Origami, the Japanese art of paper folding, influenced Emiliano Salci and Britt Moran of Milan-based Dimore Studio in their design of Corrispondenza, a kaleidoscope of seven related, angular-patterned glazed-porcelain stoneware tiles for Ceramica Bardelli for wall or floor. Each eight-inch-square tile is hand-painted in soft pastel tones that vary depending on whether the area of the pattern is raised or flat, which enhances the tile’s tactile appeal. The variability of the hand-painting bestows a hand-crafted, artisanal look to the tiles. www.ceramicabardelli.com
Casalgrande Padana’s Shades collection, designed by Marco Piva, experiments with colour layering, saturation and contrast to create a sense of depth and volume. The optical illusion of a parallelogram playfully erupting out of the flat surface of the ceramic tile subtly adds interest to the wall or floor. www.casalgrandepadana.com
Ceramic tiles keep to the straight and narrow in the literal sense that 99.9999 percent of them have straight edges. So, at Cersaie, the wavy-edged faux-wood tiles in Edilcuoghi’s Mirai collection of full body-coloured porcelain stoneware made quite the conspicuous exception. They’re part of a suite of six pieces that includes the customary rectangular tiles.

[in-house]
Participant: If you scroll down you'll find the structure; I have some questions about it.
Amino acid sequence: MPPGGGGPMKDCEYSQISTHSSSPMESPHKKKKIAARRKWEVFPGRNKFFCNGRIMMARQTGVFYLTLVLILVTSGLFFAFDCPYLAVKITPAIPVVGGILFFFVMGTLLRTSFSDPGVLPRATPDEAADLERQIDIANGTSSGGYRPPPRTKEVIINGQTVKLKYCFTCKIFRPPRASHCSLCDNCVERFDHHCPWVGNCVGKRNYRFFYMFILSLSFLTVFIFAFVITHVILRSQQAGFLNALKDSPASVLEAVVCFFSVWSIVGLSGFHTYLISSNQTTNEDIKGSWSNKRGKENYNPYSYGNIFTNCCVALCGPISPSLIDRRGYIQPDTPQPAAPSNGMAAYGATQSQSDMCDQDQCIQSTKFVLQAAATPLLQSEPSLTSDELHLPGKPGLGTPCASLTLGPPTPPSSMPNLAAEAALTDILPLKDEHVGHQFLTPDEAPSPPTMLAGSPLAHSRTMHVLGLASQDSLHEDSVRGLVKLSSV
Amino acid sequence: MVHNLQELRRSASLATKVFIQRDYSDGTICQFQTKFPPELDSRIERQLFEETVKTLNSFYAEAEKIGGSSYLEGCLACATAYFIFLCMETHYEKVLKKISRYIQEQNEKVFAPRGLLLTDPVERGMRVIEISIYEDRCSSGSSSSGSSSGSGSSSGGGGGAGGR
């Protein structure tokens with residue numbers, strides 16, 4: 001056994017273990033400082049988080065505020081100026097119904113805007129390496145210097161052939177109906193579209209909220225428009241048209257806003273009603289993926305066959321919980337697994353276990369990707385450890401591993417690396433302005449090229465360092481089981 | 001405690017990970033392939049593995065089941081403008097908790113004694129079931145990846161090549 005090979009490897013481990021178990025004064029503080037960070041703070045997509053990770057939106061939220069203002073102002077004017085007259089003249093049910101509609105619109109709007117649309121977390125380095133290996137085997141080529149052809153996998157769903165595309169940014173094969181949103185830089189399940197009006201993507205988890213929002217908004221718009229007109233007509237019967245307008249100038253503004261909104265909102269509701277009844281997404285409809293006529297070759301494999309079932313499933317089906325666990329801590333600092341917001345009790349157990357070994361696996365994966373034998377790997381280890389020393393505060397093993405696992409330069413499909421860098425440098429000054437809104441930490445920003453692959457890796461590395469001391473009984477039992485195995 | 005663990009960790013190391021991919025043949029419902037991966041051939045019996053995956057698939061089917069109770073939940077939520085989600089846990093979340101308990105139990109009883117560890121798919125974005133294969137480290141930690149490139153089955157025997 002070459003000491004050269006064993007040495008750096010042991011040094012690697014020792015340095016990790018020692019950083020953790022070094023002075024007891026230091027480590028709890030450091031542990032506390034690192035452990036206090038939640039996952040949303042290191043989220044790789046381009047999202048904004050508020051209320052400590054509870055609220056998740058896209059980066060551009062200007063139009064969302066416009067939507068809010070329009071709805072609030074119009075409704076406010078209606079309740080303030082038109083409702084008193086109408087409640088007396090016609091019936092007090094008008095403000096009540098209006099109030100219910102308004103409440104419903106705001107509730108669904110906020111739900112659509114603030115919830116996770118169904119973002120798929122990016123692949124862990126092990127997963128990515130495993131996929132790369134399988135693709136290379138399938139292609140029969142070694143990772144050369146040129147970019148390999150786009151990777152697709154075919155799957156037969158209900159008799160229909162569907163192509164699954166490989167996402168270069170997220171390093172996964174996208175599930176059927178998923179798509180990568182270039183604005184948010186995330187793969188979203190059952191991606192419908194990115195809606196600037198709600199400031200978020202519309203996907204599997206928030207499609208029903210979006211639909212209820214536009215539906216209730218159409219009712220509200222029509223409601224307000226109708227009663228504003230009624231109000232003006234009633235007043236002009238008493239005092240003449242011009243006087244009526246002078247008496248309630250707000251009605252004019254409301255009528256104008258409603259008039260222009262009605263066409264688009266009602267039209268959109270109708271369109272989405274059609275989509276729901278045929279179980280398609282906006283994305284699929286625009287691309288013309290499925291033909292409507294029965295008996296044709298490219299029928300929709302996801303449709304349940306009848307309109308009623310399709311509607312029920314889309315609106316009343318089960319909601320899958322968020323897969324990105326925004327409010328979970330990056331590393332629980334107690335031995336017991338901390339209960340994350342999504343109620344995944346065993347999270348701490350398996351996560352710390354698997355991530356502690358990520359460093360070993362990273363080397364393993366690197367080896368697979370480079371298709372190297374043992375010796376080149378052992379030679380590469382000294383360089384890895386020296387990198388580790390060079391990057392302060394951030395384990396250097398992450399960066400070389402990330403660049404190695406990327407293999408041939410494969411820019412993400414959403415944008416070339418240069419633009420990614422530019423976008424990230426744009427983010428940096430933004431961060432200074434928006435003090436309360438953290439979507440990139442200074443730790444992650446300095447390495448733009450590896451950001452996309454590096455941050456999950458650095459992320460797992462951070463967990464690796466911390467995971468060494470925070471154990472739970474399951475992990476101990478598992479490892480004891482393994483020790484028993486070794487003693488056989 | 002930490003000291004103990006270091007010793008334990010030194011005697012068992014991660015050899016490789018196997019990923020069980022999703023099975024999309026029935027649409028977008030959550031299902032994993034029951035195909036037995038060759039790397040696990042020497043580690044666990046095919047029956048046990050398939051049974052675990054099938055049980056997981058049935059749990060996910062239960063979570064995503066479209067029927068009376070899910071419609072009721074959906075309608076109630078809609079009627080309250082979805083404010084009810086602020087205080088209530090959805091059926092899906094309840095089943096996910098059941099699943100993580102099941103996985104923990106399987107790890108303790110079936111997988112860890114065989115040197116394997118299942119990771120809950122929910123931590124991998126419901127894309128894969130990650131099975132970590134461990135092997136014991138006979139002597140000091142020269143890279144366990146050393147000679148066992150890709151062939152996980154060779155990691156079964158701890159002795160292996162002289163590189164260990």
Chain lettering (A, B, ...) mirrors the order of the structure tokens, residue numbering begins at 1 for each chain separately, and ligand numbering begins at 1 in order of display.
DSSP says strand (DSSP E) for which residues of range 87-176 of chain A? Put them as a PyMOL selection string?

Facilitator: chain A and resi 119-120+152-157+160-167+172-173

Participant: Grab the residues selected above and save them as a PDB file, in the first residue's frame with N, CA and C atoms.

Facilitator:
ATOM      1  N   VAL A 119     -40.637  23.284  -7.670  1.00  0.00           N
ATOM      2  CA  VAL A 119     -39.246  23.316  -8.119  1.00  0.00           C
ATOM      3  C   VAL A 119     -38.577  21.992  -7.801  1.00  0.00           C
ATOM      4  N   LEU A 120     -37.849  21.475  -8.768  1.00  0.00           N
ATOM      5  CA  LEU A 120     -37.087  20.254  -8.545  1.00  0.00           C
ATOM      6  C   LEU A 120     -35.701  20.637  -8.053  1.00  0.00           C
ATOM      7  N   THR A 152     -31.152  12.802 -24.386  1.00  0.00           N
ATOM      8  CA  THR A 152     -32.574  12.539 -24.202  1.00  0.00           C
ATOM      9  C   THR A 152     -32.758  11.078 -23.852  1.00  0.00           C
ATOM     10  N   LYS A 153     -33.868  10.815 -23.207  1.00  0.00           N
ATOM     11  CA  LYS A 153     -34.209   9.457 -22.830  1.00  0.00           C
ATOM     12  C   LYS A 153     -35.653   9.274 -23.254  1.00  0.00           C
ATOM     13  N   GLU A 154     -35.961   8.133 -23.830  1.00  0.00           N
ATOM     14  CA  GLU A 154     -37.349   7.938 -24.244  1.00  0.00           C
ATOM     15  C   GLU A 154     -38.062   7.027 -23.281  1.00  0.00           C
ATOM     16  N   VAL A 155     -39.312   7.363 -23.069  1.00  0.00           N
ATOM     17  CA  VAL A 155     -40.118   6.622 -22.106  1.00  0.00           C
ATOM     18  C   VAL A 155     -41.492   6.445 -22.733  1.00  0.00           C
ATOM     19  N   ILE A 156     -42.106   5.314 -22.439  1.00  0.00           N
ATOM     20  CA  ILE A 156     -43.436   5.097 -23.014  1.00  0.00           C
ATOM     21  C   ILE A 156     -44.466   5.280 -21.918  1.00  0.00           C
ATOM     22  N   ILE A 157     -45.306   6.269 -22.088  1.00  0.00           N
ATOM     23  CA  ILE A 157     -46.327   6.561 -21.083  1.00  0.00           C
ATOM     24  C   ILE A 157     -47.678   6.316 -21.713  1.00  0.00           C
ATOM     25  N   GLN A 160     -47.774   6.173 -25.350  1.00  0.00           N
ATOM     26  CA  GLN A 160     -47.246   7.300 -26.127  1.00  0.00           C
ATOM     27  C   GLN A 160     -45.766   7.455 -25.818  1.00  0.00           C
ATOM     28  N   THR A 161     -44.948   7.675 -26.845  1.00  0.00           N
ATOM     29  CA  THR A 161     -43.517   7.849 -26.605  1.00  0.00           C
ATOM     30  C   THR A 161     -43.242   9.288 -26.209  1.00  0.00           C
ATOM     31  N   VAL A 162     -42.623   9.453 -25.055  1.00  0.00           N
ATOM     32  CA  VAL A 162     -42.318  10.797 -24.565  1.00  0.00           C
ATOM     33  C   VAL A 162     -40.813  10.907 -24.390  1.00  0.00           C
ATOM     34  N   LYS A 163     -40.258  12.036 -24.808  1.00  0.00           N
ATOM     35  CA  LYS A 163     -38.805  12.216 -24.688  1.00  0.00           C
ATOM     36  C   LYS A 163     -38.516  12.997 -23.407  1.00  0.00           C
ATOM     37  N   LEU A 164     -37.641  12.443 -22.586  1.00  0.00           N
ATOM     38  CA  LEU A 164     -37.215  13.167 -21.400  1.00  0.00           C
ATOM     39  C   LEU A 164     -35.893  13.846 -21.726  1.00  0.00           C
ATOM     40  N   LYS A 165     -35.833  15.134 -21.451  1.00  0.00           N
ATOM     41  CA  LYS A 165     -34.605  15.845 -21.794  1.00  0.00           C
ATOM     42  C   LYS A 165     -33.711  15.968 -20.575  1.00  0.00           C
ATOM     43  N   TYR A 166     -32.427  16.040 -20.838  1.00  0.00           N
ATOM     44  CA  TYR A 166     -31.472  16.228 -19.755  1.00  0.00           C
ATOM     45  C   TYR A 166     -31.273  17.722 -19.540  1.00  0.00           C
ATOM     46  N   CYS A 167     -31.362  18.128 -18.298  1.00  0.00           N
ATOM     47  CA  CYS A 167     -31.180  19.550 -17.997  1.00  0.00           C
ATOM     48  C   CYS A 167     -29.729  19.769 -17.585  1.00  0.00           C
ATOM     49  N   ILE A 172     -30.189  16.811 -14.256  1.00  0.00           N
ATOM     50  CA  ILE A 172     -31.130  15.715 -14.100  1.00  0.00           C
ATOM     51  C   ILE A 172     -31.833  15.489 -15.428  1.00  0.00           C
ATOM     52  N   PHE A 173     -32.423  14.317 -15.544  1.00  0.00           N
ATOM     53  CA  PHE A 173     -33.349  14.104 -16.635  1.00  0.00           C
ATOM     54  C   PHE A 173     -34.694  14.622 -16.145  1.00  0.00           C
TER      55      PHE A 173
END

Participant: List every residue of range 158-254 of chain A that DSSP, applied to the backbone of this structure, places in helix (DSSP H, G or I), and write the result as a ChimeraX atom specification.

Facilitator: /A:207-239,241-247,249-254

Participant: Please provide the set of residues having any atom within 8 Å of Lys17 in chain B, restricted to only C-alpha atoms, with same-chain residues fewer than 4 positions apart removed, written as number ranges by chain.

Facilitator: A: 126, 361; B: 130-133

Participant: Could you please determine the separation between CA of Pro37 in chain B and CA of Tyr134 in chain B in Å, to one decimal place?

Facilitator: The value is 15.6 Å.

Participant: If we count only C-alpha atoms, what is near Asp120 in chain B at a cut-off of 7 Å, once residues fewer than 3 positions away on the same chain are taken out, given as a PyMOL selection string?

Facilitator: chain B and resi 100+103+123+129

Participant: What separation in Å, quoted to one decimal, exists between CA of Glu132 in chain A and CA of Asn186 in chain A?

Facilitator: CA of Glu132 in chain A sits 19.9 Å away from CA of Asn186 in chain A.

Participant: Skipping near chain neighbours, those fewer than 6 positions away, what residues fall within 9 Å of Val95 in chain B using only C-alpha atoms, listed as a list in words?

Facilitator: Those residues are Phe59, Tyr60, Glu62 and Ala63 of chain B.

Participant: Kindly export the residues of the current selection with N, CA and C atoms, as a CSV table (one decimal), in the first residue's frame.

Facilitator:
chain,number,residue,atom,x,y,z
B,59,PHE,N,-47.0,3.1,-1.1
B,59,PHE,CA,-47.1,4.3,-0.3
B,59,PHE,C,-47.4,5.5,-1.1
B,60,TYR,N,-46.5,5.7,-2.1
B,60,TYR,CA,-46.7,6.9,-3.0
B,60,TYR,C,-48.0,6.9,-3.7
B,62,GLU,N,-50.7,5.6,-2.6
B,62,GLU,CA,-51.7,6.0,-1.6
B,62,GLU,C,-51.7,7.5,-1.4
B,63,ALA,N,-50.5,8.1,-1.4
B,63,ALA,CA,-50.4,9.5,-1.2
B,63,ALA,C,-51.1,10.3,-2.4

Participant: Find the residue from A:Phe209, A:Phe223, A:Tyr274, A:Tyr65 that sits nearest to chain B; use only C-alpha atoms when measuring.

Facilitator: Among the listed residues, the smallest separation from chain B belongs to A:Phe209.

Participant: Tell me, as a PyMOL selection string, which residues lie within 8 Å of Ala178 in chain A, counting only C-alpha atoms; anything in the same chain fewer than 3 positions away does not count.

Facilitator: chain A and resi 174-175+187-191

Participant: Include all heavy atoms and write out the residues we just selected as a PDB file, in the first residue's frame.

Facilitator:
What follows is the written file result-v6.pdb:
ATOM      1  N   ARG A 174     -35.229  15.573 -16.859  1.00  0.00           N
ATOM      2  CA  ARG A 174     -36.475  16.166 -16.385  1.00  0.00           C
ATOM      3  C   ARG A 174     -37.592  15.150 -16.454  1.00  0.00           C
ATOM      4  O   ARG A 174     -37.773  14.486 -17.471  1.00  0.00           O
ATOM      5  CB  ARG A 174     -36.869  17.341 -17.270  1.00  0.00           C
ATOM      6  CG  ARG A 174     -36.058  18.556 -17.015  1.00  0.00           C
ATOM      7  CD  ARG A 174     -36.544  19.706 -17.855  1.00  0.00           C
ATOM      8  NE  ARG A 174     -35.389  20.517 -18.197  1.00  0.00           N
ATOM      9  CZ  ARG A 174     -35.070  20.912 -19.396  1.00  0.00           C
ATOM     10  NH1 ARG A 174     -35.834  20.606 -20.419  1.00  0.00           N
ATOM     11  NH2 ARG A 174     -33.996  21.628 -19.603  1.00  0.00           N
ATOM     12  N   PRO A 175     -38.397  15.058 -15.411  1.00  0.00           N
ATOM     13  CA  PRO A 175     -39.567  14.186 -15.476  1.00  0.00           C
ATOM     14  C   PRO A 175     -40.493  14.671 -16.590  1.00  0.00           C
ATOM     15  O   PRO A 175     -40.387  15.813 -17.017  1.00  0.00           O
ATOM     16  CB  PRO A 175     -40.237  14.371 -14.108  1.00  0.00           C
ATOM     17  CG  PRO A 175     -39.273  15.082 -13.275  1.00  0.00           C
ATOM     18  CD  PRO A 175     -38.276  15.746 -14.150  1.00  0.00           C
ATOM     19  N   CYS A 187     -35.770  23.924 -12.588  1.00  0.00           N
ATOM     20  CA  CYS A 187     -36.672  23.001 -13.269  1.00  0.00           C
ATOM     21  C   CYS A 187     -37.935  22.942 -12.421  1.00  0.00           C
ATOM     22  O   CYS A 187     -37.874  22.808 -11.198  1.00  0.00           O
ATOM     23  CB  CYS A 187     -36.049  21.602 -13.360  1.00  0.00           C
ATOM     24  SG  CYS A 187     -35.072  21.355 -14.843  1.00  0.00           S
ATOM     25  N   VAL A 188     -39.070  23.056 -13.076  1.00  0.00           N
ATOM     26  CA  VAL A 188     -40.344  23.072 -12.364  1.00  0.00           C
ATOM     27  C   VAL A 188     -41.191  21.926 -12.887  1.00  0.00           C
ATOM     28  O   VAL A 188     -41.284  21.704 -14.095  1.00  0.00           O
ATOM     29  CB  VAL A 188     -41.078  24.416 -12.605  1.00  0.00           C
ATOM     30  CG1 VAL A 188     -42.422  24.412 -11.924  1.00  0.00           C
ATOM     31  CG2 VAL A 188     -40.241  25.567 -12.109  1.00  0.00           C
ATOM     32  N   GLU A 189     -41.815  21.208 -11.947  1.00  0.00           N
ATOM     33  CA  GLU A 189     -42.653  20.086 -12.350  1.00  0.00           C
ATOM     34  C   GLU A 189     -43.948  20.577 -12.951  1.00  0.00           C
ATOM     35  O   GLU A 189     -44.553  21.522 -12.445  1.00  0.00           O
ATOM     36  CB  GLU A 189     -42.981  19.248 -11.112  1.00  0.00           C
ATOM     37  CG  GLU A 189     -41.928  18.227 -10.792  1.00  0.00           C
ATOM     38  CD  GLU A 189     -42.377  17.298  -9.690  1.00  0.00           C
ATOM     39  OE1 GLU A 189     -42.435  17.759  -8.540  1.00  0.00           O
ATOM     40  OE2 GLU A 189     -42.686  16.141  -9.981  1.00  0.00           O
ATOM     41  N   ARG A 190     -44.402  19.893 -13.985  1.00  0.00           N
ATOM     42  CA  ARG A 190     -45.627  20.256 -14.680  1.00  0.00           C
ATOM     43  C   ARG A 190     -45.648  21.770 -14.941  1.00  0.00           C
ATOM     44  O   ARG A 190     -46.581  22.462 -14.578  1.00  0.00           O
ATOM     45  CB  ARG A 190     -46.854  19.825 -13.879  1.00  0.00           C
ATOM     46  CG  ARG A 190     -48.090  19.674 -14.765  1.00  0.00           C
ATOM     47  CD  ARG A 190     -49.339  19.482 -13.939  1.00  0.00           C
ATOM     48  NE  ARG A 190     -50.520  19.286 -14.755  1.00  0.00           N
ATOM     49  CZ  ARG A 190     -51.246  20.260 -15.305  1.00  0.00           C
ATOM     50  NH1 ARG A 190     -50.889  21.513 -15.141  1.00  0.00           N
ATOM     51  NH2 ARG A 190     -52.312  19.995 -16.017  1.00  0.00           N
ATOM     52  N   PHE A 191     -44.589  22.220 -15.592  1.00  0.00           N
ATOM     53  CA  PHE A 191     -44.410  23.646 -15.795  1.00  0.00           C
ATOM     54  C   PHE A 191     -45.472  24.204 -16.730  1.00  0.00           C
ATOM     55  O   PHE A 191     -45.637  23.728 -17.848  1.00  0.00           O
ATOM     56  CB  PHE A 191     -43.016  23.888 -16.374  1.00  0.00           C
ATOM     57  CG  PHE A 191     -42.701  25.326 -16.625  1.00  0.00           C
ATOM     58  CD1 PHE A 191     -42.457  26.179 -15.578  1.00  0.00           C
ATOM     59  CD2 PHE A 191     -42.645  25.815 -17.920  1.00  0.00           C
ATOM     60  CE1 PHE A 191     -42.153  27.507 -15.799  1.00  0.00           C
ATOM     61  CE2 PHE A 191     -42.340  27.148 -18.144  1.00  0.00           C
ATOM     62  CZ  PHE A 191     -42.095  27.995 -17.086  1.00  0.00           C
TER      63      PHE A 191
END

In 1960, architect Gio Ponti created 33 patterns in blue and white for ceramic-tile installations indoors and out at the Hotel Parco dei Principi, sited on a cliff overlooking the Bay of Naples. As TripAdvisor states, the patterns “reflect the colours of the sea and sky of Sorrento: moons, circles, triangles, stars and leaves [and] are also used to tell a different story in every room.” Ceramica Francesco De Maio has dressed the historic Blu Ponti collection in five new colorways—green, yellow, black, red and light blue—that can be freely mixed and matched. www.francescodemaio.com
Casalgrande Padana’s booth boasted one of the quirkier CERSAIE “finds”: the Earth ceramic tile collection, with walls broken up with compartments for display or book shelves. The designer is Pininfarina, a Turin-based design studio founded in Turin in 1930 and beloved for creating iconic Fifties automobiles for Italy’s Alfa Romeo and Lancia, and America’s Nash Ambassador. www.casalgrandepadana.com